Dossier | The Aesthetics of Inadequacy, Still

  • Laura Letinsky, [Untitled] 115, 2002. Photo: courtesy of the artist & Yancey Richardson Gallery

The Aesthetics of Inadequacy, Still
By Emily Falvey

Despite an increasingly complex understanding of their relationship, modern and postmodern art may still be said to share in an exploration of the limits of representation. Although each is motivated by a wide and ever-changing range of aesthetic, social, political and cultural concerns, both embrace negative presentations—images of failure, rupture, fragility, transience, and decay—in a way that bridges many of their differences. French post-structural philosopher Jean-François Lyotard once referred to this as an aesthetics of “the missing contents,”(1) famously distinguishing between the modern and postmodern according to the manner in which each approached the idea of the unpresentable, rather than on the basis of a binary opposition or linear timeline. For Lyotard, as for many post-structuralists, the postmodern was not only an inextricable part of the modern, it was its “nascent state,”(2) and images of inadequacy were common to both.

Perhaps no other philosophical category is better suited to theorizing aesthetic inadequacy than the sublime. Not surprisingly, the advent of postmodernism proper is concatenate with a renewed interest in this concept, and particularly as it was articulated by Immanuel Kant in the Critique of Judgement (1790). Unlike previous works on the subject, Kant’s Analytic of the Sublime contended that the sublime did not occur in nature or in “any sensuous form,” but instead “concerned the ideas of reason.” (3) It was therefore an elusive event, a feeling that occurred only within the spectator. In contrast to the beautiful, which produces a pleasing and harmonious balance of faculties, the Kantian sublime results from a mental rift, a cleaving of the mind in which reason thinks the almost unthinkable—infinity, death, limitlessness, disaster—and imagination fails to provide it with a commensurate image.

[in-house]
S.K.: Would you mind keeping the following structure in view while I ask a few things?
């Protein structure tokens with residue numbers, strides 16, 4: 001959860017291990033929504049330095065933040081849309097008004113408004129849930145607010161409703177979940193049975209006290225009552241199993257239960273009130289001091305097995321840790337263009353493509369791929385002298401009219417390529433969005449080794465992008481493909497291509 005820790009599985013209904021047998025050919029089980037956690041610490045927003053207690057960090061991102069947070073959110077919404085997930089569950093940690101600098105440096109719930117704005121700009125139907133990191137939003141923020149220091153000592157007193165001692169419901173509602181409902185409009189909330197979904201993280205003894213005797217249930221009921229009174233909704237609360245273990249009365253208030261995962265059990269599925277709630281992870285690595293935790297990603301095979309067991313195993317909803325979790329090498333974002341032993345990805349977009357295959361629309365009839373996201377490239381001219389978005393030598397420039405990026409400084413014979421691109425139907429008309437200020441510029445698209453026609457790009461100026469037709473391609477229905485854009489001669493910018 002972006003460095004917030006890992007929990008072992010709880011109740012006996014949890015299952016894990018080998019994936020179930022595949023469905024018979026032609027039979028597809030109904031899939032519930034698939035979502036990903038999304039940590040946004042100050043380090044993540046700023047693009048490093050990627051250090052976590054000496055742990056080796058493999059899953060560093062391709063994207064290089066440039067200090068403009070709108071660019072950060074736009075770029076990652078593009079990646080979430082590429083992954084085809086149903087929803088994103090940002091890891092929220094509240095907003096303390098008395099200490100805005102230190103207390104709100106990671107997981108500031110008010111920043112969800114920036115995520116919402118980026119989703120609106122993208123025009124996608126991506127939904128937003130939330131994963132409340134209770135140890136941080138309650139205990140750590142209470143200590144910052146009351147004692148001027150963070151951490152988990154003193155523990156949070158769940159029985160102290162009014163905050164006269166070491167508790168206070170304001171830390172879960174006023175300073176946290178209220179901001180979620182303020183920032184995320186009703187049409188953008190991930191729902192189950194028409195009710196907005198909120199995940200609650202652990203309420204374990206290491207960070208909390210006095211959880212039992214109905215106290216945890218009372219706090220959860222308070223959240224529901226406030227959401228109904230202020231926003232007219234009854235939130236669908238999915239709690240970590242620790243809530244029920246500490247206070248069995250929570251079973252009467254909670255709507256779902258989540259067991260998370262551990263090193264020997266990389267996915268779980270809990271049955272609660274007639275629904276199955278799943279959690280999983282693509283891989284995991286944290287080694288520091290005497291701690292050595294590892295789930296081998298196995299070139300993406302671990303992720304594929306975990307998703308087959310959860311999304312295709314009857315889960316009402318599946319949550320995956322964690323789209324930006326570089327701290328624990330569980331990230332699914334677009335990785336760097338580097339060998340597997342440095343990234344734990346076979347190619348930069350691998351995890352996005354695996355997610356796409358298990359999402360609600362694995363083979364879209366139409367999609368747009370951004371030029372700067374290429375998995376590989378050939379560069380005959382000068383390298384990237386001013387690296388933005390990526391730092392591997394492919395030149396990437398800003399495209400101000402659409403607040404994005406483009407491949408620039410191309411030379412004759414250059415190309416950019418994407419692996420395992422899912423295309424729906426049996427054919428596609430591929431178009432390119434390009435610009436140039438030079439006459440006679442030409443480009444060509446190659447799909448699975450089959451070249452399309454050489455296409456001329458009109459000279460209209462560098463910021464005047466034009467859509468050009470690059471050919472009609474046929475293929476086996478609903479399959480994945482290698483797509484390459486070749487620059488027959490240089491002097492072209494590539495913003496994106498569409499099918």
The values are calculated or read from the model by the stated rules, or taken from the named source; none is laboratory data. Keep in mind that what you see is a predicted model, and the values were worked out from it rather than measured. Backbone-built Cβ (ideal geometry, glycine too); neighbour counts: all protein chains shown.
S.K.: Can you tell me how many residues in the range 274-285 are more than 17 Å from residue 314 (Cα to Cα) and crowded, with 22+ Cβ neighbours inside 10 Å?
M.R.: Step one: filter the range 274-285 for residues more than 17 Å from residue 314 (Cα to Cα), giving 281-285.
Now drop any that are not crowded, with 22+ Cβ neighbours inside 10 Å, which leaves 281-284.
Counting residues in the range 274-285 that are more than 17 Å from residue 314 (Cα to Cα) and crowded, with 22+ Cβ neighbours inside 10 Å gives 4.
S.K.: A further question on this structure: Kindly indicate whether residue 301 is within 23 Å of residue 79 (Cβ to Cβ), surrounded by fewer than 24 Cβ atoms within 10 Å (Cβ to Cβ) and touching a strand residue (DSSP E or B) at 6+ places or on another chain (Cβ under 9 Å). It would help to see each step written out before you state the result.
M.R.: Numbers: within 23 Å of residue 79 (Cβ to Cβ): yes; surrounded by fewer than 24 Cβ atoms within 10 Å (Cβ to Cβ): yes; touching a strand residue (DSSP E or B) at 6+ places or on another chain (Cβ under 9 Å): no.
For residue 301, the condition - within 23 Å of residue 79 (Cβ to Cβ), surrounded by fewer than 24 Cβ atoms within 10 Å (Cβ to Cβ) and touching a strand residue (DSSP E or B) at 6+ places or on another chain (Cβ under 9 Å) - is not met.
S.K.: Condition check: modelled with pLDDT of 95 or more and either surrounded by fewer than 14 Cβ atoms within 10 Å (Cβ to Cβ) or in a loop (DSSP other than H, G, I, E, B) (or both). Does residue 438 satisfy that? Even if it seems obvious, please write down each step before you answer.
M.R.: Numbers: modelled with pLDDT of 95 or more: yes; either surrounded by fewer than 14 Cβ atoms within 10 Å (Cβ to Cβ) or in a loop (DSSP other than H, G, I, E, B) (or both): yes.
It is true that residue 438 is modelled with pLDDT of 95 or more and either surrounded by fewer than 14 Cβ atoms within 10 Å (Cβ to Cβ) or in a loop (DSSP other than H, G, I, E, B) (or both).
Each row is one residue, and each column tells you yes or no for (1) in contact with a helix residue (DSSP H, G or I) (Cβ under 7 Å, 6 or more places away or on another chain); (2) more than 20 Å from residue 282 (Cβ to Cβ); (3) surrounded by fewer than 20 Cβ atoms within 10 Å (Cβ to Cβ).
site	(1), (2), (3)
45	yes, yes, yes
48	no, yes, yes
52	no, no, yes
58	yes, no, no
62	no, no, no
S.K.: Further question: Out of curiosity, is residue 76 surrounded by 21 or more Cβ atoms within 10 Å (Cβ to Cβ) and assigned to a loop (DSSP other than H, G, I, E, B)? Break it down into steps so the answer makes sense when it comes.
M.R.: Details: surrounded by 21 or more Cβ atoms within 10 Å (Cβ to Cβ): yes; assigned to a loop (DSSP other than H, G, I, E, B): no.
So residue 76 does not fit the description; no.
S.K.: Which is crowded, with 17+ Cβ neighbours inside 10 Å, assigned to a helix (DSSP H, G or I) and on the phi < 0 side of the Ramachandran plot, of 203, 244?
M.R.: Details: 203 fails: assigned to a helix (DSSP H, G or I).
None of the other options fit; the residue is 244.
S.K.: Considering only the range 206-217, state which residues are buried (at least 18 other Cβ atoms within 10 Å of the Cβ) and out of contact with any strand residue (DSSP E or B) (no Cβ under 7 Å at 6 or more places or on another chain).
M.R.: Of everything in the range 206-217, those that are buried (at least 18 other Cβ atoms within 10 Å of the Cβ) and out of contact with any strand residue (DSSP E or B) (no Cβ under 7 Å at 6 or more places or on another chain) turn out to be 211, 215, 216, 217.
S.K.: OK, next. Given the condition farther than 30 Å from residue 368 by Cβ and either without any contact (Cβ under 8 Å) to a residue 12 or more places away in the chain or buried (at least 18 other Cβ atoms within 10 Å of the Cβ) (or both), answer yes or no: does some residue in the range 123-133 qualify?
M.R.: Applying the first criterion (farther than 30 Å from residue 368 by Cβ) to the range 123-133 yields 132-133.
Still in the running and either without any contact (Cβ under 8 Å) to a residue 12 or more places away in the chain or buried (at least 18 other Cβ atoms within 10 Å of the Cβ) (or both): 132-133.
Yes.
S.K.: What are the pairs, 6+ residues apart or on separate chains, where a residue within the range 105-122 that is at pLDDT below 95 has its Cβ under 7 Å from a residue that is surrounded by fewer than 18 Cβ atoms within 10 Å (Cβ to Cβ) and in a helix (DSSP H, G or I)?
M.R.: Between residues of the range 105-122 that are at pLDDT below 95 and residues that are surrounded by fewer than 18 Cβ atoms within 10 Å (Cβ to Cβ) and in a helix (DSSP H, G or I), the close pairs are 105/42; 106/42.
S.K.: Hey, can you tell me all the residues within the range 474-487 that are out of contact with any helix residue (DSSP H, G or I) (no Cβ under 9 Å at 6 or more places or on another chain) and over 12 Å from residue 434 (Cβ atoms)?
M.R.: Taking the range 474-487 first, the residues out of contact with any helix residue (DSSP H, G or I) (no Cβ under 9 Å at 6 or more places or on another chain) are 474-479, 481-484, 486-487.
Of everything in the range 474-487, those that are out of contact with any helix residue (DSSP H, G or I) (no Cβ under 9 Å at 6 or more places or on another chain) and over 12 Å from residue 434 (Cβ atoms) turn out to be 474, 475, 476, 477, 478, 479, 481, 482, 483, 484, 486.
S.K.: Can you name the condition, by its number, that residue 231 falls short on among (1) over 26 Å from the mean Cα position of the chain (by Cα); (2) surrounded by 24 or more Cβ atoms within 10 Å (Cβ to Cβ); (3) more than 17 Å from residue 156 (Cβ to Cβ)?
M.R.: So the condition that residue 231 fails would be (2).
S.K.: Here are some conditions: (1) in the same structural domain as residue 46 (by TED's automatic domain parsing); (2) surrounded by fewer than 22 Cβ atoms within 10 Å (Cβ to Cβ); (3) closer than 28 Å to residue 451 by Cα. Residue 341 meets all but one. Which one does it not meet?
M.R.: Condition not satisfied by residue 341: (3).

Forced to “the limits of what it can present,” imagination does “violence to itself in order to present what it can no longer present.” (4) The sublime, as such, is literally the unimaginable, and it can only be visualized negatively as a failure to present the unpresentable. Ironically, it is through this very frailty—this “sinking into insignificance before the Ideas of reason” (5)—that imagination unexpectedly acquires the wherewithal to “come back to itself.” (6) One of the many paradoxes inherent to the sublime is its ability to imbue states of fragility and failure with a sudden and unforeseen strength, a reversal of fortune in which reason appears like an imbalanced tyrant, and fractured imagination like a heroic survivor.

Inasmuch as large portions of contemporary existence continue to escape adequate representation, particularly within the dominant modes of cultural expression, artists remain committed to exploring the limits of the presentable, whether it is according to modern, postmodern, or some other yet-to-be-defined set of aesthetic principles. In recent years, a number of strategies have come to the fore, in many cases elaborating previous approaches and subjects, a significant number of which may be associated with proto-modern periods such as the Renaissance and Baroque. Although both these eras were riven with paradox and contradiction, the former is the stranger, more disjointed of the two, a crucible in which the volatile elements of industrialism, capitalism, colonialism, and modernity fomented. Fragility, the vanity of human existence, and end of all things were common tropes within the Renaissance’s intricate web of “revolutions,” and not surprisingly historians continue to debate the proper definition and validity of this historical period.